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Stochastic Programming


The Stochastic Programming Society, here. Going to do some of the setup for Princeton Bank Consortium here. Pink I will stick with sorting through references and PBC will focus on the NIM Optimization numbers and commentary.

Stochastic programming is a framework for modeling optimization problems that involve uncertainty. Whereas deterministic optimization problems are formulated with known parameters, real world problems almost invariably include some unknown parameters. When the parameters are known only within certain bounds, one approach to tackling such problems is called robust optimization. Here the goal is to find a solution which is feasible for all such data and optimal in some sense. Stochastic programming models are similar in style but take advantage of the fact that probability distributions governing the data are known or can be estimated. The goal here is to find some policy that is feasible for all (or almost all) the possible data instances and maximizes the expectation of some function of the decisions and the random variables. More generally, such models are formulated, solved analytically or numerically, and analyzed in order to provide useful information to a decision-maker.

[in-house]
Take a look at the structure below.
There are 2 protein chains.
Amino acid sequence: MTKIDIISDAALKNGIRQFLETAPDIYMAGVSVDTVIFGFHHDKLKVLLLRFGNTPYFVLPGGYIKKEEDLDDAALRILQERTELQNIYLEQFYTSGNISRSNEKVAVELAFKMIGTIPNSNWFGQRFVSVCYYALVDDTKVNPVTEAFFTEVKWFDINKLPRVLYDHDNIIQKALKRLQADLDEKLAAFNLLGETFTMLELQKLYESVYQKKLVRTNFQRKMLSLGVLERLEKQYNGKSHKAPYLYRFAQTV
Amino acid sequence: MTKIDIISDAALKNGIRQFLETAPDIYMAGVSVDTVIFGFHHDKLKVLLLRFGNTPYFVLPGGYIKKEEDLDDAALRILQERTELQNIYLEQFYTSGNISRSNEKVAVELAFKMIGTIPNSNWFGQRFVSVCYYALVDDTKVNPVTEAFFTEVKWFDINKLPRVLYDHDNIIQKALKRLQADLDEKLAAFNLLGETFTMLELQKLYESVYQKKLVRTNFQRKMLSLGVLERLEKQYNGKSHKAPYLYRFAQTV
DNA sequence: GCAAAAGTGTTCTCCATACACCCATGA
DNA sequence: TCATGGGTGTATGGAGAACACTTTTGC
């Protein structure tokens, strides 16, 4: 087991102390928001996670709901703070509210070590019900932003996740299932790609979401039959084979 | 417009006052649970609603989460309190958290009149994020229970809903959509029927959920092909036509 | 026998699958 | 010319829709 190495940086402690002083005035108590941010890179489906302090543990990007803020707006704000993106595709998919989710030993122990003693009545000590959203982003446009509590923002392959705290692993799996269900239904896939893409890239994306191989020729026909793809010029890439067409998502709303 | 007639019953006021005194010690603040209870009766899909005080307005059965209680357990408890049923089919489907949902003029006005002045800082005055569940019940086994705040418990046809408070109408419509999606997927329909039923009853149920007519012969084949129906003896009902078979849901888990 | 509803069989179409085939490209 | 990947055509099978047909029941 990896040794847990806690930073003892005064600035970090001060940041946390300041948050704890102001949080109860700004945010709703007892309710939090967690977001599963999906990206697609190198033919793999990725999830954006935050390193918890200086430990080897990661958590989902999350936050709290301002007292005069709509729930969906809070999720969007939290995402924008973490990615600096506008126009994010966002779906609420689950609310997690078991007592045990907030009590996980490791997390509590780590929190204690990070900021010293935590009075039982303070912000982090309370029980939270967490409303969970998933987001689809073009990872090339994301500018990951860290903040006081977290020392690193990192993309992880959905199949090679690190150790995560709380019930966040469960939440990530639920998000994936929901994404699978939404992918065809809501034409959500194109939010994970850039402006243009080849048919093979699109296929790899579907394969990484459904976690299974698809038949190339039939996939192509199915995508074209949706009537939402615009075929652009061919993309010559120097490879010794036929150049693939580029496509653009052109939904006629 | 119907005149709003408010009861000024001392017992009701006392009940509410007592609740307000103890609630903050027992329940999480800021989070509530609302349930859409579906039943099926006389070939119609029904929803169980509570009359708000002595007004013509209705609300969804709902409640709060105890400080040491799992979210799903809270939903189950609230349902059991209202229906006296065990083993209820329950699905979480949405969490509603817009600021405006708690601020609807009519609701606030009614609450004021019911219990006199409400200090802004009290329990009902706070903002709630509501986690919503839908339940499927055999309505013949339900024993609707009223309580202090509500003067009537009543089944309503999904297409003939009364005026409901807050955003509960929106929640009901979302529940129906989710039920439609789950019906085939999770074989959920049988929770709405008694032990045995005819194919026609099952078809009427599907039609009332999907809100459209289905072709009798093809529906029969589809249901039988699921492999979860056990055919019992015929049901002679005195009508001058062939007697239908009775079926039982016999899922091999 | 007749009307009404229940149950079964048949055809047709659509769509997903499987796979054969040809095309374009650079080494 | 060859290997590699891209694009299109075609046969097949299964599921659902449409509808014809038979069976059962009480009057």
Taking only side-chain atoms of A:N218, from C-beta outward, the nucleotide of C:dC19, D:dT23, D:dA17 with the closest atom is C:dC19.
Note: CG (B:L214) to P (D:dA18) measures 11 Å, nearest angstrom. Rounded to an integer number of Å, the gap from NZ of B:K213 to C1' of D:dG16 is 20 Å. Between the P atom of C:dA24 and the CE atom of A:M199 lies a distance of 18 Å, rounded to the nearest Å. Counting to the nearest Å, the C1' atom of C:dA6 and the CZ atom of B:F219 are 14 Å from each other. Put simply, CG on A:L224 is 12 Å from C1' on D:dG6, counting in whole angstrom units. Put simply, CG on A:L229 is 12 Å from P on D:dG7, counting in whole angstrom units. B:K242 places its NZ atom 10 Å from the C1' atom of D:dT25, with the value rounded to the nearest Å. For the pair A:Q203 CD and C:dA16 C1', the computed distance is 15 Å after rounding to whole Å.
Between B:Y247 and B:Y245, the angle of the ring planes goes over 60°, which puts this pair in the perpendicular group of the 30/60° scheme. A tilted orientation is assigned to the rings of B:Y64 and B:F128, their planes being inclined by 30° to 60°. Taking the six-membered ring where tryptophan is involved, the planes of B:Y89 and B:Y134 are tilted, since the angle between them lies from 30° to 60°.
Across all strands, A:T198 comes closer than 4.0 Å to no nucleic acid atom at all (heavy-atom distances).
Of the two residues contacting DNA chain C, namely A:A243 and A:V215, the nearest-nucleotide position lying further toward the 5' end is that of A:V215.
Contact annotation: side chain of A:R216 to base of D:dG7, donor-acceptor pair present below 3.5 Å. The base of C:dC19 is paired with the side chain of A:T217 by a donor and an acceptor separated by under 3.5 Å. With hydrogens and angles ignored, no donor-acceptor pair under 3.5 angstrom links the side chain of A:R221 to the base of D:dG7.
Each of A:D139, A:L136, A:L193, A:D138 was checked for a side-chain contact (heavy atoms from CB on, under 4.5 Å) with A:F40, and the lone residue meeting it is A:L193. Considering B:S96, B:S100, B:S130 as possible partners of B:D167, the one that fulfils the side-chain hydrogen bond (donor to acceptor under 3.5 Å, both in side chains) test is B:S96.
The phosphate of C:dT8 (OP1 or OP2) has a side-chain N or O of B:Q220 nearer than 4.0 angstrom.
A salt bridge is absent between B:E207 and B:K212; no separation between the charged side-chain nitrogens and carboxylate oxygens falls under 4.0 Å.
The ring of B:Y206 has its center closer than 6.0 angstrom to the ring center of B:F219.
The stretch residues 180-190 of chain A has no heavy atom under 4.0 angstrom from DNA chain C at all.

To find out more about stochastic programming a good place to start is A Tutorial on Stochastic Programming by Alexander Shapiro and Andy Philpott. This tutorial is aimed at readers with some acquaintance with optimization and probability theory; for example graduate students in operations research, or academics/ practitioners from a different field of operations research.

The older Stochastic Programming Introduction by Andy  Philpott is aimed at readers with a less formal background in operations research, for example managers in industry who want to know more about what stochastic programming might offer them without delving too deeply into details.

In addition, tutorials on current research areas are being developed. The main idea is that those who’ve read the introduction and want to find out more about specific topics will have a good place to start. COSP will be inviting experts to write pages for each of these areas. This collection of introductions is edited by David Morton, Andy Philpott, and Maarten van der Vlerk.

Georgia Tech crew, here  Shapiro and Nemirovski

Rutgers, here. Ruszczynski, here.

Shapiro and Philpott, 2007, A Tutorial on Stochastic Programming, here. OK bibliography at the conclusion of the tutorial.

Powell, Warren B., Computational Stochastic Programming, here.  See also Castle Labs, here. Princeton OR.

van der Vlerk, Stochastic Programming Bibliography, here.

neos Guide, here. Wisconson folks

Pioneers of Stochastic Programming, here.  Prekopa, Rockafellar, Ziemba, Danzig links.

Stochastic Programming Links, here. old 2002 lots of dead links


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